The difficulty is when I look at pre 15 Sept motives, subsequent placement orders, comments Haig made on tanks immediately after 15 Sept, learning curves, and past experience: 15 Sept, Cambrai, 1918 etc, and contrast it with his mid-20's comment then something just doesnt sit right, in my mind, to the view of Haig as the Educated Soldier.

Do you have a view on Haig's comment?

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Signals

Better late than never!

The quote is:

"Some enthusiasts to-day talk about the probability of horses becoming extinct and prophesy that the aeroplane, the tank, and the motor-car will supersede the horse in future wars. I believe that the value of the horse and the opportunity for the horse in the future are likely to be as great as ever. ...

I am all for using aeroplanes and tanks, but they are only accessories to the man and the horse, and I feel sure that as time goes on you will find just as much use for the horse - the well-bred horse - as you have ever done in the past."

It appears in The Tanks Vol. 1 by a certain Captain Basil Liddell Hart (p.234) and was written in 1925. I am not exactly sure where, but would imagine it's in something like the RUSI journal or the Army Quarterly or some such.

Context: Written in response to the publication of a book entitled 'Paris, or the Future of War' by ... a certain Captain Basil Liddell Hart. This immediately sets the alarm bells ringing about the '...' at the end of the first paragraph of the Haig quote. Without going back to the original source, we'll have to leave that aside for the moment. LH was certainly not one of DH's biggest fans! I've spent some time recently reading Alex Danchev and John Mearsheimer on Liddell Hart and learnt a lot (see some of my other postings). Unfortunately, I don't have copies of these to hand so I'll take a punt from another angle or two about aspects of this remark.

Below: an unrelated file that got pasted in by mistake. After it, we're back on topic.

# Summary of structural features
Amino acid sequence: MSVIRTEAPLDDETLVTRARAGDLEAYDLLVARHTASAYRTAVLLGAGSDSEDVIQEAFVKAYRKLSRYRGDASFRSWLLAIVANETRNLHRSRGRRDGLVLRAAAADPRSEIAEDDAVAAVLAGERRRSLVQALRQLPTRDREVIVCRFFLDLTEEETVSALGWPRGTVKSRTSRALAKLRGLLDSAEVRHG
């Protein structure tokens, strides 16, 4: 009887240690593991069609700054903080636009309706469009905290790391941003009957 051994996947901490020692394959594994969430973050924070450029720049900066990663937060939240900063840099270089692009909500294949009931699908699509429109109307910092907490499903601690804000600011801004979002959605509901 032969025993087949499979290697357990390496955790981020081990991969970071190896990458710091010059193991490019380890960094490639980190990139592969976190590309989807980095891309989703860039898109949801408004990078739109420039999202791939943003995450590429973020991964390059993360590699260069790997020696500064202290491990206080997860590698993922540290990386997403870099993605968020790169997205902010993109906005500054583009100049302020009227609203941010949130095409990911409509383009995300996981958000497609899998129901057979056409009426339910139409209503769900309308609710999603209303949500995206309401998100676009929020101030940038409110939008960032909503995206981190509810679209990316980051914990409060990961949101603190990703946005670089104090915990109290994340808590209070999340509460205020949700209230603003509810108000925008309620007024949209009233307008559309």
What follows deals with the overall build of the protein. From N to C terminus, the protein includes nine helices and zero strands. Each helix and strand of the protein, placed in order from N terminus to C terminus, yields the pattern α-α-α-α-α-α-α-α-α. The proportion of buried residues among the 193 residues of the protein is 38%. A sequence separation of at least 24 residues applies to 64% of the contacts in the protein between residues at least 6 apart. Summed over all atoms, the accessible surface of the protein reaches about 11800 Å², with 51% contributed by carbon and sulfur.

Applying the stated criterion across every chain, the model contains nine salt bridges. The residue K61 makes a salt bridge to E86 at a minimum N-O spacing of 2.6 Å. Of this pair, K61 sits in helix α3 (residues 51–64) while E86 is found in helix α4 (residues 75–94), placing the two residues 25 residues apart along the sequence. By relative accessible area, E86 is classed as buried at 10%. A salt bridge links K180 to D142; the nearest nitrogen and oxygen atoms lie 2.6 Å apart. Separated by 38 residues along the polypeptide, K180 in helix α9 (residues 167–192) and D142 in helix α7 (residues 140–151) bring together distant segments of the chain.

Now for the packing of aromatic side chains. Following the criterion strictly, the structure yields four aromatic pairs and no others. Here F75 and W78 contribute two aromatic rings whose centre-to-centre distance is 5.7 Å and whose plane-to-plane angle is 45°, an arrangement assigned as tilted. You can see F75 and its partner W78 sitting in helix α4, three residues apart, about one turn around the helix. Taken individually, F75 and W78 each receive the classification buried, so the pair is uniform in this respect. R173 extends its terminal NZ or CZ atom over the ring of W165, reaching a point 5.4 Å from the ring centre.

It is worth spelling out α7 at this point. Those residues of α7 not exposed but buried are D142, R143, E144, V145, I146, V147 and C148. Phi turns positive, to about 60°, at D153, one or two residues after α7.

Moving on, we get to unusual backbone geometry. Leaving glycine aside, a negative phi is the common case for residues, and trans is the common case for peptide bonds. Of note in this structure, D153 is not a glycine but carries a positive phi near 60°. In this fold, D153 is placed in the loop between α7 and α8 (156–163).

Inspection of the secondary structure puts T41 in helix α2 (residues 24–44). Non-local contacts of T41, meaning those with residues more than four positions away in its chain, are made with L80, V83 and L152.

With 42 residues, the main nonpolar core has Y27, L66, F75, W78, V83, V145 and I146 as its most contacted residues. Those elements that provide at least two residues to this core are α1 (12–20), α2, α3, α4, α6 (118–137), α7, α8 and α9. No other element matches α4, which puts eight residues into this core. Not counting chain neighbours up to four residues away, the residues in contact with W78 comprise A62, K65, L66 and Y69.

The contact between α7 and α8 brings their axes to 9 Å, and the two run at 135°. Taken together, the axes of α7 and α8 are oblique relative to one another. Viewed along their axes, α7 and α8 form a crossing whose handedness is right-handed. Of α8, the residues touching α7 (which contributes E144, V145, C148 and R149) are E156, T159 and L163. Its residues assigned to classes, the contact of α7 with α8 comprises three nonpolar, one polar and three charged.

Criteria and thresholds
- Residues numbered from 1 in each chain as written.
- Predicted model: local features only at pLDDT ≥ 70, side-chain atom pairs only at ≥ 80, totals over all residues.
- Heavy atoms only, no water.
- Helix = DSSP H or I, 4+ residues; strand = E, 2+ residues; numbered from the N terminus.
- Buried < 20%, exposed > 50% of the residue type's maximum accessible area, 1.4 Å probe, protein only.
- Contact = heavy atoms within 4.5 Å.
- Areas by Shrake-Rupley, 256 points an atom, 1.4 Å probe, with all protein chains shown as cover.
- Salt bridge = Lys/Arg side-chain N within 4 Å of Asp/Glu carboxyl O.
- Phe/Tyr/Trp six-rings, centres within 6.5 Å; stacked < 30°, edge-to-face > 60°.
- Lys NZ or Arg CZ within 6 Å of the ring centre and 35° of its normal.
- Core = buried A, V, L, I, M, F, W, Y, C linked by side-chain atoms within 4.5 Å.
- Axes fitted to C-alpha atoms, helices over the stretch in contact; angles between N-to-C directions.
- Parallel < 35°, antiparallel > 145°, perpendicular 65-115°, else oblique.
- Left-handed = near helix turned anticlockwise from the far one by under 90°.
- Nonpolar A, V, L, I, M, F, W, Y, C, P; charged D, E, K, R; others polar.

1) 1925: FW War was over in 1918. Haig's in his mid-60s and out of touch with the 'modern' army. Possible but not likely.

2) During the war, no British tank had existed that could work as a true weapon of exploitation - the Whippet at 8mph was hardly 'fast', was it? The Medium Cs and Ds etc never saw war service. So, as some historians like Dr Stephen Badsey will point out, cavalry remained the only possible arm of exploitationin the war. (MAYBE Armoured cars - but NOT tanks.)